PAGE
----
What does the data say about spinal cord injury sufferers?

Written on behalf of Abramson Smith Waldsmith LLP

No matter what kind of accident you had, you now face a life with a debilitating spinal cord injury. You may be one of those people who wants to know more about what your future holds. The more information you have, the better you feel you can plan and prepare yourself for what may lie ahead.

Information published by the National Spinal Cord Injury Statistical Center provides statistical data regarding people like you who suffer from this type of injury.

Some basic information

First, it may help to know some basics about those who suffer from SCI here in the United States. The NSCISC gathered the following data starting in 2015:

  • Around 17,000 people suffer from SCI each year.
  • Approximately 75% of those people are men.
  • The average age of people with this injury is now around 43 years old.
  • Motor vehicle accidents caused the largest percentage of these injuries at around 40%.
  • At least 250,000 people live with SCI across the country.
  • The most commonly seen form of SCI at release from the hospital is incomplete tetraplegia.

It may be safe to say that if you are a white male around 43 years old, your risk of suffering from an SCI is higher than normal.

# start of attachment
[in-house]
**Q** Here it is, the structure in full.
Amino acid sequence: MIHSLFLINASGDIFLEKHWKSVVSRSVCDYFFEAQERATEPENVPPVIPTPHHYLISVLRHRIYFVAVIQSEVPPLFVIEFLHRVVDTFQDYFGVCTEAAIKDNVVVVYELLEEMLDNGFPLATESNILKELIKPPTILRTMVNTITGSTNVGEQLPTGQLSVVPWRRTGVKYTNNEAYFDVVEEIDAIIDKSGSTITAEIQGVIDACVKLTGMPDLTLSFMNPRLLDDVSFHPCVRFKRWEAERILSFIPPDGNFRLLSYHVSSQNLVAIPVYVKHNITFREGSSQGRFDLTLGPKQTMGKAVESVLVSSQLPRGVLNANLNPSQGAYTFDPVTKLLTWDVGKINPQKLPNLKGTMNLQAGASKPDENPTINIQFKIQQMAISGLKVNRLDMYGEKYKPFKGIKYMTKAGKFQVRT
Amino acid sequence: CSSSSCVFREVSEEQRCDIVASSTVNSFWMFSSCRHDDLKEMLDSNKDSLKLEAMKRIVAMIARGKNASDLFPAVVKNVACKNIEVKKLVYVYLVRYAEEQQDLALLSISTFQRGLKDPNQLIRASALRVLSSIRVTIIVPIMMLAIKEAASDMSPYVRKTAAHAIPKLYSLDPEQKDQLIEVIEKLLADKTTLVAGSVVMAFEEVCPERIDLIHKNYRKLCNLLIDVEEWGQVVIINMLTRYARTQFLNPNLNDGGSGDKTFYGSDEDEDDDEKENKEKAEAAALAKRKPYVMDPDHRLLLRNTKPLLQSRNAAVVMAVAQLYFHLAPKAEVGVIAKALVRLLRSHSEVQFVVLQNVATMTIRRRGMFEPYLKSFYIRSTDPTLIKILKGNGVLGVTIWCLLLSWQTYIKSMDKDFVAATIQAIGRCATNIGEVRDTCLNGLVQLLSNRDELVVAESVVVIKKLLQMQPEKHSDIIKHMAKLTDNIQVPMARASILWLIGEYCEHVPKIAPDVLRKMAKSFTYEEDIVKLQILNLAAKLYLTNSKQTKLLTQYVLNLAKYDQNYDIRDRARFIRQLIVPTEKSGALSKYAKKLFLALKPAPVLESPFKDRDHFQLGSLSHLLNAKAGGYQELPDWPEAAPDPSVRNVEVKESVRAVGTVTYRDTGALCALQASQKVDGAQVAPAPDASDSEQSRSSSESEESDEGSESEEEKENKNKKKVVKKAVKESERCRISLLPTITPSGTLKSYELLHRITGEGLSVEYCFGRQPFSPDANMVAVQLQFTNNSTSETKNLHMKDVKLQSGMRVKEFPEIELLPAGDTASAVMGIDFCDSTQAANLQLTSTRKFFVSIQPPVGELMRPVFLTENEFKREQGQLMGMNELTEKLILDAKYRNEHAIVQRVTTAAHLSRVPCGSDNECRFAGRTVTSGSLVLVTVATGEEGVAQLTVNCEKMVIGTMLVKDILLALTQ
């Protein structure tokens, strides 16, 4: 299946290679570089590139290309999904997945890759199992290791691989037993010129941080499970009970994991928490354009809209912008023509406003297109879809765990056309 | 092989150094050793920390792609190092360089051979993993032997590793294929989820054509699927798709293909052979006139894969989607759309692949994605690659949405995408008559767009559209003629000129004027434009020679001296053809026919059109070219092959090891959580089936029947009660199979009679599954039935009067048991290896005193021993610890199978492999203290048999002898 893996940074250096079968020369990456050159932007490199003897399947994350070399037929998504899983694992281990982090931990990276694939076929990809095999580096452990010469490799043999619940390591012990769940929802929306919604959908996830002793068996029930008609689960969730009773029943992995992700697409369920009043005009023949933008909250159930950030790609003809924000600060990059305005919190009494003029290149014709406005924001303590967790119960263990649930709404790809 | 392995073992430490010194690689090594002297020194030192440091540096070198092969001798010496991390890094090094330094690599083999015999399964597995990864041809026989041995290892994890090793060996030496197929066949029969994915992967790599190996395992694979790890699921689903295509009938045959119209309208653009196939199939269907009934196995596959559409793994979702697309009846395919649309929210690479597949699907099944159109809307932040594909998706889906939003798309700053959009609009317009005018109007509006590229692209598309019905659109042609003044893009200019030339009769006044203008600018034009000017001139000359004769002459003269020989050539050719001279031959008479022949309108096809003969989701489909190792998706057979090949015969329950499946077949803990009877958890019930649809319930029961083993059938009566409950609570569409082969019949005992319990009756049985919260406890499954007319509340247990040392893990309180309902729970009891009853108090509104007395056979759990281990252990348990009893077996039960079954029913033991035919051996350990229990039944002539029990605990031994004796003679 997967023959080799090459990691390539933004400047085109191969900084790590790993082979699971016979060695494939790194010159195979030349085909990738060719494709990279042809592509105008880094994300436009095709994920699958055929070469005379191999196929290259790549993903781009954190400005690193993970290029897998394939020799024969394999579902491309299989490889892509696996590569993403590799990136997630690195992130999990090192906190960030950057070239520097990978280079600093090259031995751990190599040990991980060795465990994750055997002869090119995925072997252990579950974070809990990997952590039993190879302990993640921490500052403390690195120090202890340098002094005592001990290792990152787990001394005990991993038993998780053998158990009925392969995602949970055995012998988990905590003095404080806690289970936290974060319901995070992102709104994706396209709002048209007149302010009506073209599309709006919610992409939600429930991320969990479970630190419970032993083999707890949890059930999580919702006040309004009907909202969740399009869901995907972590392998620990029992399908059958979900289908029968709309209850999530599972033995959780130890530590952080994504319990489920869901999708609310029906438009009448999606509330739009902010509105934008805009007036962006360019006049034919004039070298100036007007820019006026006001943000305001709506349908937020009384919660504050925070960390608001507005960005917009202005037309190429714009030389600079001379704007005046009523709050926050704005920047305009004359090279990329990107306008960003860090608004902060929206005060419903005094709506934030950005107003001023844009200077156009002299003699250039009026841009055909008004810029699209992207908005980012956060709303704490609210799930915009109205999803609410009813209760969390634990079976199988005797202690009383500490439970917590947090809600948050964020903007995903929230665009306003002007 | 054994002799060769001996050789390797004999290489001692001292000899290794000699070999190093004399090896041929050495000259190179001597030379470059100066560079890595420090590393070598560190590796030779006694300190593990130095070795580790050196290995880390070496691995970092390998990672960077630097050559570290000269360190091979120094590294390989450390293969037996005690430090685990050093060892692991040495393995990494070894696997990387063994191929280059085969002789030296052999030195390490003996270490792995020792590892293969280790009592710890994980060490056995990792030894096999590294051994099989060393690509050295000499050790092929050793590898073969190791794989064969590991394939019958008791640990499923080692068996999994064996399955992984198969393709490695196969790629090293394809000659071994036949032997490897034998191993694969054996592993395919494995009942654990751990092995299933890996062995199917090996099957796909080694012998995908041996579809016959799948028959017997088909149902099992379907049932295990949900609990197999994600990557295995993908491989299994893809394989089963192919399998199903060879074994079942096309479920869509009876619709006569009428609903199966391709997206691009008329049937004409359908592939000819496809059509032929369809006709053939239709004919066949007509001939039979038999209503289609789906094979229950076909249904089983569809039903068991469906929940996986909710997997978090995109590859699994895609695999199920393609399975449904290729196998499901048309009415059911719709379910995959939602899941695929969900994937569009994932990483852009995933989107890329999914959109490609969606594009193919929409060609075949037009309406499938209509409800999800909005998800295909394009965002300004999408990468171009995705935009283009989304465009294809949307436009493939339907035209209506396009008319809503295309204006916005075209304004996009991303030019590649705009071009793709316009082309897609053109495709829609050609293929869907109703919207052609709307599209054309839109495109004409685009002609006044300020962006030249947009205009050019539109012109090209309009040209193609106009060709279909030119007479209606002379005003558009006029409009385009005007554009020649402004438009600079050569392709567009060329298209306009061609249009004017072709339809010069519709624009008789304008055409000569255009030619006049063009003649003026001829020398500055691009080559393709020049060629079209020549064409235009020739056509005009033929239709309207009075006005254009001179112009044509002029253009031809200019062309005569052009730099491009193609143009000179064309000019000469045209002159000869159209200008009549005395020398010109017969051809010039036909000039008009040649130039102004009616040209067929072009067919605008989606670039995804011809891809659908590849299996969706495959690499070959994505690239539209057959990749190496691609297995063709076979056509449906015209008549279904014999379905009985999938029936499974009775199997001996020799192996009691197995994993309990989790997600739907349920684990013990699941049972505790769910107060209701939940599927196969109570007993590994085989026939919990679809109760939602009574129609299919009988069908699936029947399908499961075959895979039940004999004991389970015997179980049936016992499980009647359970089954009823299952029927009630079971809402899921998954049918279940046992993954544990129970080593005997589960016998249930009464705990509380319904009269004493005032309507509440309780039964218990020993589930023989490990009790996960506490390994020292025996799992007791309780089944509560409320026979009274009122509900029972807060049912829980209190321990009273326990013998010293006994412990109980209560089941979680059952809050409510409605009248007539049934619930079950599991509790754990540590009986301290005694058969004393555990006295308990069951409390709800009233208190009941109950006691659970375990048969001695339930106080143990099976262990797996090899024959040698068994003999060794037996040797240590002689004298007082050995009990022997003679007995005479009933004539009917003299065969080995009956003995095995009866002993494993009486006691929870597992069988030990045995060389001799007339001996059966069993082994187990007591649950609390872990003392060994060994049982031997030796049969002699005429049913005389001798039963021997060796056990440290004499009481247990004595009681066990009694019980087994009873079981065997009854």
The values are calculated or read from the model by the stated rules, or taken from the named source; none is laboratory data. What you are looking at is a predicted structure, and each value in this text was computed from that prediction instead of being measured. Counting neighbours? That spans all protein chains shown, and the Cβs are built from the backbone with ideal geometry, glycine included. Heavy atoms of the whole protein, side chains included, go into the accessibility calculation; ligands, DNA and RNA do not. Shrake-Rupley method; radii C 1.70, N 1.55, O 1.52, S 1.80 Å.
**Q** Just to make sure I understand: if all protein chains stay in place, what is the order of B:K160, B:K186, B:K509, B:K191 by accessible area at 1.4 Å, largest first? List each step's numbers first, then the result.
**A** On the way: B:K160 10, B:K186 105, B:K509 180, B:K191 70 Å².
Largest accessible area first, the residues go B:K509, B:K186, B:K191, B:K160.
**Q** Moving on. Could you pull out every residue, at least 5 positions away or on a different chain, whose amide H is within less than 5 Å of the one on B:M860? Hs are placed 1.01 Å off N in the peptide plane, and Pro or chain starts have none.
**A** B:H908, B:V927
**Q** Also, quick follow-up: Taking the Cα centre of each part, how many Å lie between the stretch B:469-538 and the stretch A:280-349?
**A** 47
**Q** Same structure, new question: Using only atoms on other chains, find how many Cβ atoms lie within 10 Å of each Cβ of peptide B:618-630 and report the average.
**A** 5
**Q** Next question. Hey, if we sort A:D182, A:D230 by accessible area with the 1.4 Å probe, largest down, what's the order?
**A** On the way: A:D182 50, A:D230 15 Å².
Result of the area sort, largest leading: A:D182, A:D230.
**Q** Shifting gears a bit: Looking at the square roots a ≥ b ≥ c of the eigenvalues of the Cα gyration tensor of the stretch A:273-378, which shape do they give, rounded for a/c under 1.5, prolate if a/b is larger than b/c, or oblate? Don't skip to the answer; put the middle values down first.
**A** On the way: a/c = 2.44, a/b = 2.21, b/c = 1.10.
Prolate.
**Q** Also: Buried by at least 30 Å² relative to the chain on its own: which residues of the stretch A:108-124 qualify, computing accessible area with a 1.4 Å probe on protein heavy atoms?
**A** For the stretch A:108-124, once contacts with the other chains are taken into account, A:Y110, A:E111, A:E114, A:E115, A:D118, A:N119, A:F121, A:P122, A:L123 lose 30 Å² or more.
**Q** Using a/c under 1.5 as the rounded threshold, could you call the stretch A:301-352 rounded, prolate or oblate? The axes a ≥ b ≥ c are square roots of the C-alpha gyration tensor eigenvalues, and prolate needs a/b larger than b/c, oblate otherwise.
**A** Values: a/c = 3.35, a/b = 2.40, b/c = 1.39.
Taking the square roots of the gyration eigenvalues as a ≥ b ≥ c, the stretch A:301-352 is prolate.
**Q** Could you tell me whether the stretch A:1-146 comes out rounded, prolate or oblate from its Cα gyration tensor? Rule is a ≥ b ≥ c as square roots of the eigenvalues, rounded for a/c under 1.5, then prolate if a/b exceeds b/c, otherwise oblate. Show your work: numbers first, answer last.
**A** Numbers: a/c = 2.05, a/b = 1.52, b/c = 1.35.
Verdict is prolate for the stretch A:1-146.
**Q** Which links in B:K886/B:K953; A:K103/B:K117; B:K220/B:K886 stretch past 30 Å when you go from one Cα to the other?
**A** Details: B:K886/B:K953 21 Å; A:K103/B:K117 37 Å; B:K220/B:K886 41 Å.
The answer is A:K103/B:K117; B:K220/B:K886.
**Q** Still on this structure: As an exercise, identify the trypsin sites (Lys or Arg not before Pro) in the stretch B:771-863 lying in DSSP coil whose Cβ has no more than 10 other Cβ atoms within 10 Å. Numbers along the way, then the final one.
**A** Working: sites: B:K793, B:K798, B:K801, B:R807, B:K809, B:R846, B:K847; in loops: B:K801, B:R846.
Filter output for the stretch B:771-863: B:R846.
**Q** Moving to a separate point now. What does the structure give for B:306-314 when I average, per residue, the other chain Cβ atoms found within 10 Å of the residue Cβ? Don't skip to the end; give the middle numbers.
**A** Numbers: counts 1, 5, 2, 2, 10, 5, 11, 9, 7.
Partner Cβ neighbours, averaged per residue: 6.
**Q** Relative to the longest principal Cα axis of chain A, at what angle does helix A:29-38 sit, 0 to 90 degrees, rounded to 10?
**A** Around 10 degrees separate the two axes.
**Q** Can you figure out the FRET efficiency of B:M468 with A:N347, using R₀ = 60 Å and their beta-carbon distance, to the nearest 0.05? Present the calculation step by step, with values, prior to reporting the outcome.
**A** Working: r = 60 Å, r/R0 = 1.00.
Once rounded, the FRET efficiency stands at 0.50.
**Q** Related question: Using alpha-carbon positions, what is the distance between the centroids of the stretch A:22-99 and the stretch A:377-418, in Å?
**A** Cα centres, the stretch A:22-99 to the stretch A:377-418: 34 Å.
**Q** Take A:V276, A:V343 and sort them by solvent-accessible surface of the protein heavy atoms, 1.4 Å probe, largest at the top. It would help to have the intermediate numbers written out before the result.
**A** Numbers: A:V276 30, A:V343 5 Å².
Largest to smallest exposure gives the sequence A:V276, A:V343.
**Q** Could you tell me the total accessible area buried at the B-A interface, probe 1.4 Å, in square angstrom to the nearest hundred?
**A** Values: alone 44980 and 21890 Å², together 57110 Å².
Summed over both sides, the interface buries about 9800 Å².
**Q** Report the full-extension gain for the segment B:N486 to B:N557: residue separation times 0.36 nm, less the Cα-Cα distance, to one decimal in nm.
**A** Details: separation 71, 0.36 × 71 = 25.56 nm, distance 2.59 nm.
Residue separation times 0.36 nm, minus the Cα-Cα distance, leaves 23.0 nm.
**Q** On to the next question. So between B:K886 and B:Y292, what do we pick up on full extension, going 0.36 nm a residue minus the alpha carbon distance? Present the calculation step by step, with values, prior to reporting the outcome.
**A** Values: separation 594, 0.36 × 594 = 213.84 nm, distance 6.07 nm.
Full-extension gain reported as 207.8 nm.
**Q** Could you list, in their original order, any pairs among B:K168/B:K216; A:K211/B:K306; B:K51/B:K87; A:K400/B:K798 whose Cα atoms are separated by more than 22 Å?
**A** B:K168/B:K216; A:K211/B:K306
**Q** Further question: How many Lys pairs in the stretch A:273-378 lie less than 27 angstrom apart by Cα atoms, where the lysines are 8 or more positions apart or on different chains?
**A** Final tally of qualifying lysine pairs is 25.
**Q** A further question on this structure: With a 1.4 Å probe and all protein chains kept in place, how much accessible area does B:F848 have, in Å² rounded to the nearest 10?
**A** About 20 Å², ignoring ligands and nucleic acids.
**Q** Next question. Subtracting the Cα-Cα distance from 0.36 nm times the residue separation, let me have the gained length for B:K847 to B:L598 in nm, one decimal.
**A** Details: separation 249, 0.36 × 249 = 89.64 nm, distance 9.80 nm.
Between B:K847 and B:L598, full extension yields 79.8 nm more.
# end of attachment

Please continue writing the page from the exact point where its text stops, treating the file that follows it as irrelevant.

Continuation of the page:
What is the outlook for these SCI sufferers?

Many SCI patients go on to live normal lives, but it usually takes years to come anywhere near the lives they had prior to their injuries. Consider the following:

  • The percentage of individuals employed after an SCI drops dramatically from around 66% when the injury occurs to just 17.4% at the one-year mark. That percentage steadily rises as the years pass, but it never reaches pre-injury levels.
  • The number of patients who receive a college education steadily rises as the years go by. At the time of injury, only around 25% have college education, but by the 40-year post-injury mark, that percentage rises to just over 46%.
  • During any given year after injury, around 30% of SCI patients end up back in the hospital for secondary conditions related to SCI such as reproductive or urinary issues, respiratory issues, and skin issues.
  • The costs associated with an SCI vary widely depending on the level of injury, but all reach well into the tens of thousands, if not hundreds of thousands, of dollars each year. Over your lifetime, your injury could cost well into the millions of dollars.
  • Life expectancy also depends on a variety of factors particular to your overall health and condition.

You cannot deny that your SCI will absolutely affect your life. If the negligence or recklessness of another person led to your current condition, you may pursue a monetary judgment from a California civil court that could give you the compensation you deserve.

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